Bloat in goats

Country Smallholding - - Ask The Experts -

QSev­eral of our goats ap­pear to be quite bloated, and we are not sure why. Can you ad­vise?


Sieker says: A bloated goat will not be a happy an­i­mal. It is usu­ally quite ob­vi­ous that some­thing is not right – she will stand look­ing sorry for her­self, pos­si­bly grind her teeth as she is pain, her left side will be vis­i­bly dis­tended and hard, and of­ten this will ex­tend to both sides quickly. The most com­mon form is ru­mi­nal frothy bloat - of­ten the re­sult of eat­ing large amounts of wet grass and green­ery with­out hav­ing her ru­men lined with a good fill­ing of hay be­fore go­ing out­side. Quick ac­tion to dis­perse the froth in­side her ru­men is needed – a drench of at least 100 to 200ml of any veg­etable oil, with or with­out the ad­di­tion of bi­car­bon­ate of soda (to change the ru­men pH) fol­lowed by walk­ing the goat to en­cour­age her to dis­pel the ex­cess gas in the usual way – ei­ther by mouth or the other end, as well as cir­cu­lar mas­sage of both her dis­tended sides. You will find that she may well be back to nor­mal quite quickly. If the drench does not help, it is ad­vis­able to get the vet out to ei­ther in­sert a stom­ach tube or, if des­per­ate, s/he can in­sert a thick nee­dle/ tube di­rectly into the ru­men from the out­side (trochari­sa­tion). Bloat can be eas­ily avoided by mak­ing sure that the goats have a good feed of hay be­fore go­ing out­side and only once the grass is fairly dry. In early spring, as the grass starts to grow, it is ad­vis­able to limit the time of graz­ing un­til their stomachs have got used to its rich­ness.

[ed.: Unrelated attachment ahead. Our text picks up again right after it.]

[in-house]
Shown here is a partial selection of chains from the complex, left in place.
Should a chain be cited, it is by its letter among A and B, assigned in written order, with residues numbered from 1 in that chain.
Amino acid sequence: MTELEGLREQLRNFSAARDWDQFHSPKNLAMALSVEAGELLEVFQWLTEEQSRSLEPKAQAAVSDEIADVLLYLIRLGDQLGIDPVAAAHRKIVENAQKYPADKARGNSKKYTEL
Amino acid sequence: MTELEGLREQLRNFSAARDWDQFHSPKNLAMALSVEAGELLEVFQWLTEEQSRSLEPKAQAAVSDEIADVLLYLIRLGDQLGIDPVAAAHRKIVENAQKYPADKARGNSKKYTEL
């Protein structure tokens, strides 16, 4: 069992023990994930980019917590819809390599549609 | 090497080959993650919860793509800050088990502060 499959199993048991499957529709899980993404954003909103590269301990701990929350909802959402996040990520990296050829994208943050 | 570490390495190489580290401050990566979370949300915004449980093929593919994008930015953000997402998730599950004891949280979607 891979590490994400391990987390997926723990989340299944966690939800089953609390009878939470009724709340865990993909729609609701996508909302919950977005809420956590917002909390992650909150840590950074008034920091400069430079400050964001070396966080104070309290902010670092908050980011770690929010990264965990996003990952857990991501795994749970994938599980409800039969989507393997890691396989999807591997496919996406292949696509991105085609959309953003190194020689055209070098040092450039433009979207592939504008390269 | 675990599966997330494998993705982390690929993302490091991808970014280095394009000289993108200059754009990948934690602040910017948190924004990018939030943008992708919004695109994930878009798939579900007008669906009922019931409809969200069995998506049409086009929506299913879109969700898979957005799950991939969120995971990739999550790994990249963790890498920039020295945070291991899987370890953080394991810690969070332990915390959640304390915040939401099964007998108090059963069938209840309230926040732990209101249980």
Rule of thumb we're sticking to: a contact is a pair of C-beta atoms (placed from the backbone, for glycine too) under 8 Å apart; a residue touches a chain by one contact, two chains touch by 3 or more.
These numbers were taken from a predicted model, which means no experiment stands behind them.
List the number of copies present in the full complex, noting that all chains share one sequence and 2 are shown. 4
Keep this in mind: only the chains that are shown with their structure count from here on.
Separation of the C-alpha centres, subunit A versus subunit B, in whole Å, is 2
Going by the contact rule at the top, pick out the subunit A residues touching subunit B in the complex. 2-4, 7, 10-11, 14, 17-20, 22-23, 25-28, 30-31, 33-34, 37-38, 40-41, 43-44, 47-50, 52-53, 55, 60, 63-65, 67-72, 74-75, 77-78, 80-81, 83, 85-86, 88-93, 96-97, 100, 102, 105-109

Keep your goats healthy...,

Newspapers in English

Newspapers from UK

© PressReader. All rights reserved.